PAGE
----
Important: If you make too much money, you may still be able to contribute to a Roth IRA using something called a Backdoor Roth IRA

Here’s a summary of the Roth IRA income and contribution limits for 2019:

2019 Roth IRA Income and Contribution Limits
Filing Status Income (MAGI) Contribution Limit
Married filing jointly or qualifying widow(er) Less than $193,000 Up to the limit: $6,000 (or $7,000 if you’re age 50 and up)
$193,000 to $202,999 Begin to phase out
$203,000 or more Ineligible for a direct Roth IRA (learn more about a “Backdoor Roth IRA”)
Married filing separately (if you lived with your spouse at any time during the year) Less than $10,000 Begin to phase out
 $10,000 or more Ineligible for a direct Roth IRA (learn more about a “Backdoor Roth IRA”)
Single, head of household or married filing separately (if you didn’t live with your spouse during the year) Less than $122,000 Up to the limit: $6,000 (or $7,000 if you’re age 50 and up)
$122,000 to $136,999 Begin to phase out
$137,000 or more Ineligible for a direct Roth IRA (learn more about a “Backdoor Roth IRA”)

 

Roth IRA uses Modified Adjusted Gross Income (MAGI)

The IRA uses your modified adjusted gross income (MAGI) to determine if you’re eligible to open or contribute to a Roth IRA. This number can be close (or identical) to your adjusted gross income (AGI). It takes your AGI and adds back certain deductions, including:

  • Half of any self-employment taxes.
  • IRA contributions and Social Security.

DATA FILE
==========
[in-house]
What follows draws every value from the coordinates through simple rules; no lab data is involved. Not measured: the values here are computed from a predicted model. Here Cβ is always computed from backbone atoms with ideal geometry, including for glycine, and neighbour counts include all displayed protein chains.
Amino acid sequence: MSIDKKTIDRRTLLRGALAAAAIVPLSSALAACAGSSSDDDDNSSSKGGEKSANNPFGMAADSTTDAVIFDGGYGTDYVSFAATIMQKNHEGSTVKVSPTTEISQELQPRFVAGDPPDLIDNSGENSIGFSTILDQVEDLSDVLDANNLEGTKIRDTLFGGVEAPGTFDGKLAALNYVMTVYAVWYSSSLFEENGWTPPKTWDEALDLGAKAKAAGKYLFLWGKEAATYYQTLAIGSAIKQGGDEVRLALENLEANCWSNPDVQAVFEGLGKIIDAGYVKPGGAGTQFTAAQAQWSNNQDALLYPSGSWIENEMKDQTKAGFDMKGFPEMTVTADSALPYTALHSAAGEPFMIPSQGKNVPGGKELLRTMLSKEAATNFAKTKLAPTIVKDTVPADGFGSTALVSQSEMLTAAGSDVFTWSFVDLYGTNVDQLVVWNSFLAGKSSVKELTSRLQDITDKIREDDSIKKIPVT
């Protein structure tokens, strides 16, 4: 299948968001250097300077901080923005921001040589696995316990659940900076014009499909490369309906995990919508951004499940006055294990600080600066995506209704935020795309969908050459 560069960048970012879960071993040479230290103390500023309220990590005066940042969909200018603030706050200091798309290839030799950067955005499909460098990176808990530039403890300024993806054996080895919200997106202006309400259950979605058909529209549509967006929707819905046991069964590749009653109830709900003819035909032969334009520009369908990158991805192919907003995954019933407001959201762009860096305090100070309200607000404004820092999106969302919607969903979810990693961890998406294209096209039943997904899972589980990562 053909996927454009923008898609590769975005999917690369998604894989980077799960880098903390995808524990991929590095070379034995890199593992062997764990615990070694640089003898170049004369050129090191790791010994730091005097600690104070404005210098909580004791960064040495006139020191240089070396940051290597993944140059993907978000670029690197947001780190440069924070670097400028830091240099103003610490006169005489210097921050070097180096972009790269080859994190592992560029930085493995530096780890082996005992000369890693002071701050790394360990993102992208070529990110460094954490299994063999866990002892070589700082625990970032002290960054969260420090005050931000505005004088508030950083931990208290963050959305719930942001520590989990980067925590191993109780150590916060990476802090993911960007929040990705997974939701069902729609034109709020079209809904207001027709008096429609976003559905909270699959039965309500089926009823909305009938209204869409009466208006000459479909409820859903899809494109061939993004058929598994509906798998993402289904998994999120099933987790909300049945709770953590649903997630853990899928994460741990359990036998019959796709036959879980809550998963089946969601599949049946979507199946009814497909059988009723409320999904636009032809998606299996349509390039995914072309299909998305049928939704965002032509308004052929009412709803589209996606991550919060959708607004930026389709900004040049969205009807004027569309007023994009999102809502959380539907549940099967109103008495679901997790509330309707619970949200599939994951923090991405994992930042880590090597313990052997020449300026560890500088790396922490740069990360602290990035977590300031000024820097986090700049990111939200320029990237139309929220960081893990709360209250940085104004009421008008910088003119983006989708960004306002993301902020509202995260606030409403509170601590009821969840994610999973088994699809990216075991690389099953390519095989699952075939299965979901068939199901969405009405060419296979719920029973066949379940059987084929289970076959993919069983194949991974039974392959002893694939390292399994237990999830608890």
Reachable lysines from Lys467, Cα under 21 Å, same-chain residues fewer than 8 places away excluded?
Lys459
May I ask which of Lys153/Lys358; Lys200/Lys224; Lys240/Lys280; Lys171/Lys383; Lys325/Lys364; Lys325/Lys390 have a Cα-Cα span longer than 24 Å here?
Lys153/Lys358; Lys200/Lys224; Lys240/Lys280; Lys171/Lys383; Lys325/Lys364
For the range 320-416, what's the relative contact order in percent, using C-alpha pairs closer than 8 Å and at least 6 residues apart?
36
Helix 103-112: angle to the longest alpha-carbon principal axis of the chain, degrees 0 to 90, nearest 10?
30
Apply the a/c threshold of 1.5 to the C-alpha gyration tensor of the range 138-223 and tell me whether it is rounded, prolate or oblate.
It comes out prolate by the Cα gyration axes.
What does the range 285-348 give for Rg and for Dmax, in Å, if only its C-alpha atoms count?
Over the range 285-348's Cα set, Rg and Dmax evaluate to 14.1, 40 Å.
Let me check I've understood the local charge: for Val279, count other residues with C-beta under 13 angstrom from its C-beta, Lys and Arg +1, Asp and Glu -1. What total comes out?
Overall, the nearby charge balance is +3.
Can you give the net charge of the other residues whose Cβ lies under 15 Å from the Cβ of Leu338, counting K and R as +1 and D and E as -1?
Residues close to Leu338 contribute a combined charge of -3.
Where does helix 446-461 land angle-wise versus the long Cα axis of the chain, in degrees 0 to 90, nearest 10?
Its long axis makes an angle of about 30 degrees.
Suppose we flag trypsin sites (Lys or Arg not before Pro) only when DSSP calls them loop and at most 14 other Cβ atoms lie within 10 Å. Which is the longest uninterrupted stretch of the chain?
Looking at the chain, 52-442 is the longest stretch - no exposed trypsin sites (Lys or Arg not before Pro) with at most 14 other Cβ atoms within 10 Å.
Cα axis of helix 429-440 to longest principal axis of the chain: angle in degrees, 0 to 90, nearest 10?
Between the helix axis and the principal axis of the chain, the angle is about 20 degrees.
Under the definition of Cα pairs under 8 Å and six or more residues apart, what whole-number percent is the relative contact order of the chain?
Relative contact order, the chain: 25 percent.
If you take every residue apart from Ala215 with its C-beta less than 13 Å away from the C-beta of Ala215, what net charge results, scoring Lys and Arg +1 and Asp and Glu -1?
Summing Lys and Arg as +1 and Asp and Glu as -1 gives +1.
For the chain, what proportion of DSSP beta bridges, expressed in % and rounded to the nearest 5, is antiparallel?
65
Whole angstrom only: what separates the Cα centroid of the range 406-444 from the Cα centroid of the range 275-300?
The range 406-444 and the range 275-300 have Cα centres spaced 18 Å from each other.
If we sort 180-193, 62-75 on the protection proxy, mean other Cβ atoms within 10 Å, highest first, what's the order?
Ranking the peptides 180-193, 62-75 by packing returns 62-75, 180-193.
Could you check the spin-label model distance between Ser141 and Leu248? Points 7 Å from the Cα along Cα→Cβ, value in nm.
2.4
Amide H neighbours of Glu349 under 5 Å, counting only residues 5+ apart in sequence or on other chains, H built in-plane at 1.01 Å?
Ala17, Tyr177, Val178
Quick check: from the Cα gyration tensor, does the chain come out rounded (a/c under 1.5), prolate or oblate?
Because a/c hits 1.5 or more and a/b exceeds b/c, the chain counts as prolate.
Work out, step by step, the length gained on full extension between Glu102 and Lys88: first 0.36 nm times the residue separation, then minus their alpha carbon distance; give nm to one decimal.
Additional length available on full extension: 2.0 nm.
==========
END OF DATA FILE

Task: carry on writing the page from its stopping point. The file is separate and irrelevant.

• Losses from a publicly traded partnership.
  • Passive income or loss.
  • Qualified tuition expenses.
  • Rental losses.
  • Student loan interest.
  • The exclusion for adoption expenses.
  • The exclusion for income from U.S. savings bonds.
  • Tuition and fees.

To calculate your modified adjusted gross income, you’ll need your adjusted gross income (AGI) from your tax return. It’s on line 8b of the newly redesigned Form 1040. Then, use Appendix B, Worksheet 2 from IRS Publication 590-A to modify your AGI for Roth IRA purposes.

Excess Contributions: If You Contribute Too Much

It’s good to max out your Roth IRA contributions. But if you go overboard, the IRS will consider it an ineligible (or excess) contribution. Same thing if you make too much money and contribute anyway. These mistakes can be very expensive.

If you contribute too much—or contribute even though your income is too high—you’ll owe a 6% penalty on that amount every year until you fix the mistake.

The good news: There are several ways to fix your mistake:

  • Withdraw the excess contribution (and any earnings on it) before the April tax deadline.
  • If you’ve already filed your tax return, remove the excess contribution (and earnings), and file an amended tax return by the October deadline.
  • Apply the excess to next year’s contribution. You’ll still pay the 6% penalty this year, but you’ll be set going forward.
  • Withdraw the excess next year by Dec. 31. You’ll pay the penalty for two years and then move on.

Of course, it’s best to avoid excess contributions altogether. Be sure to pay attention to the IRS’s contribution limits for the year and watch your income. Incomes fluctuate. Just because you were eligible to contribute last year doesn’t mean you still are.

Note: For the 2019 tax year, you have from Jan. 1, 2019, to April 15, 2020, to make a contribution.